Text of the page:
Lake County Medi-Cal clients become part of Partnership HealthPlan
Published: Friday, August 30, 2013 at 5:09 p.m.
Last Modified: Friday, August 30, 2013 at 5:09 p.m.
Lake County residents who receive health coverage through the state's Medicaid program are being transferred to a managed health care organization beginning Sunday.
The county is one of eight rural counties in Northern California whose Medi-Cal clients will become part of Partnership HealthPlan, or PHC. Other counties include Del Norte, Humboldt, Lassen, Modoc, Shasta, Siskiyou and Trinity.
The move was approved by the state in March, and both county and PHC have been informing Medi-Cal clients in these counties that they must chose a new primary care physician.
“Our recipients were notified months ago of the need to designate a primary care physician and, providing that they did so, it should be a seamless transition,” said Carol Huchingson director of Lake County social services.
Huchingson said that she expects all current medical providers who accept Medi-Cal, the California's federal Medicaid program, to continue to do so under the new managed care system.
The switch is part of a state-wide effort to move all Medi-Cal patients to a managed care model. PHC uses a capitation payment system, where providers are paid per patient rather than the traditional Medi-Cal fee-for-service model.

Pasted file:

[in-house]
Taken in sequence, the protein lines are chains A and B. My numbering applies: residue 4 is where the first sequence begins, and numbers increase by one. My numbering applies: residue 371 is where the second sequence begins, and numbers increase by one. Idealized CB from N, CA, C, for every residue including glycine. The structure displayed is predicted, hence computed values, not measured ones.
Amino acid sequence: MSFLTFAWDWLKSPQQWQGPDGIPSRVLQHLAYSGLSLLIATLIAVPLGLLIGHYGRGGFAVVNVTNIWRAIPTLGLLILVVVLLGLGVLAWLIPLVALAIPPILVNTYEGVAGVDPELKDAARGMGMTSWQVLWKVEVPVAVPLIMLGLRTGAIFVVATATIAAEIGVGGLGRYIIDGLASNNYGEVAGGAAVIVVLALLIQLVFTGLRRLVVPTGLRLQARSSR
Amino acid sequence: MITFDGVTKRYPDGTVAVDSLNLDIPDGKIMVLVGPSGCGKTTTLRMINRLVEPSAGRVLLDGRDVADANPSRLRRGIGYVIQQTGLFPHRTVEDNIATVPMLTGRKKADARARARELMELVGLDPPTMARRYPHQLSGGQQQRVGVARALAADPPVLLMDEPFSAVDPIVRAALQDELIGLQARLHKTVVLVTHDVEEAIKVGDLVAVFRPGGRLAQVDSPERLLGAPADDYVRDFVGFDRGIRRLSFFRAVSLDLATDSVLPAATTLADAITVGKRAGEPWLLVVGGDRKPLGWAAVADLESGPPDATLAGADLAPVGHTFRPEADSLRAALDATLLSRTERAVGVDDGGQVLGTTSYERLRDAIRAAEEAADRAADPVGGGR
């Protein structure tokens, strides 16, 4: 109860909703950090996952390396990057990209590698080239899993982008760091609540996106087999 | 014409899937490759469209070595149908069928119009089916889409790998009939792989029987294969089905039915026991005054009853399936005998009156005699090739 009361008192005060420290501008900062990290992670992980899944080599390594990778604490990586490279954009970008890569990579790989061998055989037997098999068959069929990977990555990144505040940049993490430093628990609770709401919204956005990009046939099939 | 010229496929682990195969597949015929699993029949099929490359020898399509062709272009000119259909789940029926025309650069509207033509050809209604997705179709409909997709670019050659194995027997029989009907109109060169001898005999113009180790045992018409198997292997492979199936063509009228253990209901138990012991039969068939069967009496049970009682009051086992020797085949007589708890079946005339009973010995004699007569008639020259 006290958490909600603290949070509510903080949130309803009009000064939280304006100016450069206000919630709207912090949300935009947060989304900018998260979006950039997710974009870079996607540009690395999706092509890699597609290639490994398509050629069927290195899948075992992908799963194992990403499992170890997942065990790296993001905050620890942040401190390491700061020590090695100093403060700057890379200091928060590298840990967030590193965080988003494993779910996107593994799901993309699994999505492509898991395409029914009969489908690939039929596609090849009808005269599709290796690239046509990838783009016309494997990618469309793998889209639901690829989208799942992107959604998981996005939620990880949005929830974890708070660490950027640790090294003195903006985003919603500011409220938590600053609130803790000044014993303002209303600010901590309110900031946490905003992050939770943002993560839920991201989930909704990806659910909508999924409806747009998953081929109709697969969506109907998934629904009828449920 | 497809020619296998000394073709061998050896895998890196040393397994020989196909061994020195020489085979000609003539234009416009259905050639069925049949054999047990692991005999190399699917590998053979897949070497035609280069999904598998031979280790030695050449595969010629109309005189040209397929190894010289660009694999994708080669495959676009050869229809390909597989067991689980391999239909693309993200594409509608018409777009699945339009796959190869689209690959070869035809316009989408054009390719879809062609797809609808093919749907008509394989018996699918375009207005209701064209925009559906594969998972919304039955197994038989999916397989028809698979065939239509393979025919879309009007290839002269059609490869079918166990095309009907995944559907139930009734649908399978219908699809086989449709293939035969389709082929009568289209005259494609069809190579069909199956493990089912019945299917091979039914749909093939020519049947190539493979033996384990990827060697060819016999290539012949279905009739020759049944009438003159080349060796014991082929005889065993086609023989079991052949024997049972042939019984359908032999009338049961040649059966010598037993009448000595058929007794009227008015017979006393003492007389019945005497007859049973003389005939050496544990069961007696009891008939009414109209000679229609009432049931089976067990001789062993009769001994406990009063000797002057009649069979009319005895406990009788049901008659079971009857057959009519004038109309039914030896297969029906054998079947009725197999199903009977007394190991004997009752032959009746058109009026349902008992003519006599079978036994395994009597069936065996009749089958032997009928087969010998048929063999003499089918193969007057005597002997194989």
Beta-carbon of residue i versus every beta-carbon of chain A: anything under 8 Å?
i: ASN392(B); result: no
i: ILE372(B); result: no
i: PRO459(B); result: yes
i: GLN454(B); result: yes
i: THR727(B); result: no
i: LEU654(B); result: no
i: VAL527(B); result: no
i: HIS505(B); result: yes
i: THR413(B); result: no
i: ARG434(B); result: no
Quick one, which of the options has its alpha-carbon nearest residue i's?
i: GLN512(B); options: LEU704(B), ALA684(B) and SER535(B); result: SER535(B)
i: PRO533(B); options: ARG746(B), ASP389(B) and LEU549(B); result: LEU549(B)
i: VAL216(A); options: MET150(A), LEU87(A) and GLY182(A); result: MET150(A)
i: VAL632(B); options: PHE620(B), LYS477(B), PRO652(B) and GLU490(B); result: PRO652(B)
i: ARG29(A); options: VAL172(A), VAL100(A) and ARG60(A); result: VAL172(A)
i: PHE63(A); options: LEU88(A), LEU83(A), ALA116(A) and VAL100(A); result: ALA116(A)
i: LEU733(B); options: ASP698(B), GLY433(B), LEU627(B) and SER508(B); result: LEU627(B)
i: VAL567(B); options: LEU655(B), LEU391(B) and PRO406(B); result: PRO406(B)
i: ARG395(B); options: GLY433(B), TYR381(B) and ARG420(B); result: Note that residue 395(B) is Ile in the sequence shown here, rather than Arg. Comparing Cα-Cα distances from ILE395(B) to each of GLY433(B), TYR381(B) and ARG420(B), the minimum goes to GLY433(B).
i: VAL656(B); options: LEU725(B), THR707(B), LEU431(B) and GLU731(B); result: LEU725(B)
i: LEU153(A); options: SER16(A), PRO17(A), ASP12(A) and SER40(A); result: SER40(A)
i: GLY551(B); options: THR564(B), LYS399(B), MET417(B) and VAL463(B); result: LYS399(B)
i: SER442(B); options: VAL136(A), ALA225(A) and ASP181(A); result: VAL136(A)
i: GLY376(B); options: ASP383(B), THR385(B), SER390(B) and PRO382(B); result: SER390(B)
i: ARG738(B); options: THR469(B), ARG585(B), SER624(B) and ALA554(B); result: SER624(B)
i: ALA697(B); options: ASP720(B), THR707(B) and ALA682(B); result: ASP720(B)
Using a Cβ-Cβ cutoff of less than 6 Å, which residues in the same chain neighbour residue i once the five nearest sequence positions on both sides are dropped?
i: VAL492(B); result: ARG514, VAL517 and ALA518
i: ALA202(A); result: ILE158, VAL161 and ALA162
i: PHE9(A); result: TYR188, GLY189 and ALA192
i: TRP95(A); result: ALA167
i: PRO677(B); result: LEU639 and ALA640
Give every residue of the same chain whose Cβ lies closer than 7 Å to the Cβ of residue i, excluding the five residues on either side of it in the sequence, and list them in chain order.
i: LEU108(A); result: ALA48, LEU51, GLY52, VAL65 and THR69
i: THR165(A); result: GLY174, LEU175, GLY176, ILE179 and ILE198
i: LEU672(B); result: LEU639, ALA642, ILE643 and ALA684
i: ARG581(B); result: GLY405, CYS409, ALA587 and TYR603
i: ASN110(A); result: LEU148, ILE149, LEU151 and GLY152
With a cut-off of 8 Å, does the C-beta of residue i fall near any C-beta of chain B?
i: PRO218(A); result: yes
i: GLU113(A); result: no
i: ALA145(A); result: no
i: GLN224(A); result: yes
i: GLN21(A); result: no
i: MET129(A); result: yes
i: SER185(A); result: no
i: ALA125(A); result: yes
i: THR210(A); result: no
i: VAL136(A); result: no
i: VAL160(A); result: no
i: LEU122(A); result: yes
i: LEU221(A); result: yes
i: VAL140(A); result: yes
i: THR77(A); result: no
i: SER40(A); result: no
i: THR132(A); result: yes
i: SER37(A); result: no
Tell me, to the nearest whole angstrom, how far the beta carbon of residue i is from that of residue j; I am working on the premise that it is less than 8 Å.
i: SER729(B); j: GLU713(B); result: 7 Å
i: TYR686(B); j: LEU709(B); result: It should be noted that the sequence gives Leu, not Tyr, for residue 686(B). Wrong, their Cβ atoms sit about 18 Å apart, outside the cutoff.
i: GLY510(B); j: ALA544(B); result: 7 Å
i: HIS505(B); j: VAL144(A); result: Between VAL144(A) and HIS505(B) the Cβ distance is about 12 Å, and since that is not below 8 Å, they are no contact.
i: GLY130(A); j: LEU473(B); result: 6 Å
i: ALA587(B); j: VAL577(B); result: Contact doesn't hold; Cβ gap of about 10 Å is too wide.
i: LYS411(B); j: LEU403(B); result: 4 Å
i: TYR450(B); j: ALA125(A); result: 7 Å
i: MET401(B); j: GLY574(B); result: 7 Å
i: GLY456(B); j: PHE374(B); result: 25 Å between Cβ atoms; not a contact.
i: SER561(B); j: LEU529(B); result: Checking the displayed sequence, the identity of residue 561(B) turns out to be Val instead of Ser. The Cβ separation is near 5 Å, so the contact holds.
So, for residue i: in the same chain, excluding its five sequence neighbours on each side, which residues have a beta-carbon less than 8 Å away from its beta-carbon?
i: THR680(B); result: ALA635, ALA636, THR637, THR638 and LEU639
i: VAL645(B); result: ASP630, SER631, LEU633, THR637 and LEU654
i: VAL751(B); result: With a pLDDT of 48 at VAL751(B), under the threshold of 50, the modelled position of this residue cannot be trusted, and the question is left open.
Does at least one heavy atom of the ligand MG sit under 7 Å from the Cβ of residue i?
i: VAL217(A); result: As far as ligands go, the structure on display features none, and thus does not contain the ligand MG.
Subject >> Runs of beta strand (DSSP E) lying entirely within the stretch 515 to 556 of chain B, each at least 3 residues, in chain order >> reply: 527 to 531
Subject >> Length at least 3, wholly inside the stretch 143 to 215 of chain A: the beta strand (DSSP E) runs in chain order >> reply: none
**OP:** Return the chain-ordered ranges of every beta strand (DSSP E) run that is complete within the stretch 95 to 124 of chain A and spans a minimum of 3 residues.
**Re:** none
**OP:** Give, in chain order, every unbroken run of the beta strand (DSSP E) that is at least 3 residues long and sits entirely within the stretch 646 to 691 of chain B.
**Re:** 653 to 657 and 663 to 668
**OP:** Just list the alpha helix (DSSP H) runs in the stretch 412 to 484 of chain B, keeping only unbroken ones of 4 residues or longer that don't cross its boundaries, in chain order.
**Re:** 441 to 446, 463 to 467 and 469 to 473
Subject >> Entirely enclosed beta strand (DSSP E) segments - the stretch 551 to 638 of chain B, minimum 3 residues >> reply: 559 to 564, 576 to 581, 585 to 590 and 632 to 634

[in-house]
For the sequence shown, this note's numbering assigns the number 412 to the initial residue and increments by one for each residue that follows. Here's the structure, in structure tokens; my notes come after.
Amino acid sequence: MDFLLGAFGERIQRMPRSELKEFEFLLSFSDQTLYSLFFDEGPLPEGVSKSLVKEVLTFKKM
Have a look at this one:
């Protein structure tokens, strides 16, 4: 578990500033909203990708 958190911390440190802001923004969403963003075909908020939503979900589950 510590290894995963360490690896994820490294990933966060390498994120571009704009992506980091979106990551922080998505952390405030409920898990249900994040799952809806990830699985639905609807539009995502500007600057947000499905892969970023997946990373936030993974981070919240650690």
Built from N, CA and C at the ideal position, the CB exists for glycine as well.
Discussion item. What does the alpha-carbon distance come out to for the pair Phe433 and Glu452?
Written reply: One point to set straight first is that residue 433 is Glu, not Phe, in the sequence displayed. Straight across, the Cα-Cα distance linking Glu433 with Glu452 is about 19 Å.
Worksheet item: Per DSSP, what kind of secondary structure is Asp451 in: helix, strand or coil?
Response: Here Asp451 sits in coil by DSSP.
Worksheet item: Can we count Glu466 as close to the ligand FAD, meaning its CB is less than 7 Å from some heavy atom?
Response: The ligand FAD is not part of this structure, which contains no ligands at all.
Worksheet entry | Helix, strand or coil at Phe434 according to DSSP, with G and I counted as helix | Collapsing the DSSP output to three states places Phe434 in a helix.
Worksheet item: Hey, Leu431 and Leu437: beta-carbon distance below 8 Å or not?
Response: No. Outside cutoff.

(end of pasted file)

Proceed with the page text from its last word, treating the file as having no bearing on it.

There are about 17,000 Medi-Cal recipients in Lake County. Sonoma County's Medi—Cal population, about 60,000 residents, switched over to PHC in 2009, said PHC spokesman Dave McCallum.
McCallum said those who have not yet chosen a primary care physician by Sept. 1 will have one assigned to them based on their zip code. Thereafter, people can change their doctor at any time, though the change will not go into effect until the first of the next month.
McCallum said that soon under PHC's managed care model, Medi-Cal clients receive a “medical home” that better coordinates their care and offers supplemental benefits that are not covered by the state's traditional Medi—Cal program.
For example, Medi-Cal members enrolled in PHC will be offered substance abuse benefits as well as other former Medi-Cal benefits that were cut by the state, such as audiology, podiatry services for diabetic patients.
PHC, which started in 1994, provides managed care for roughly 300,000 Medi-Cal members in 14 counties. The addition of the eight rural counties added 105,000 of those members.
One of the plan's main goals is to increase the number of physicians who will accept Medi-Cal members.
“We've been able to expand the total number of providers that except medical in all the counties where we have been operating,” McCallum said.
You can reach Staff Writer Martin Espinoza at 521-5213 or email@example.com
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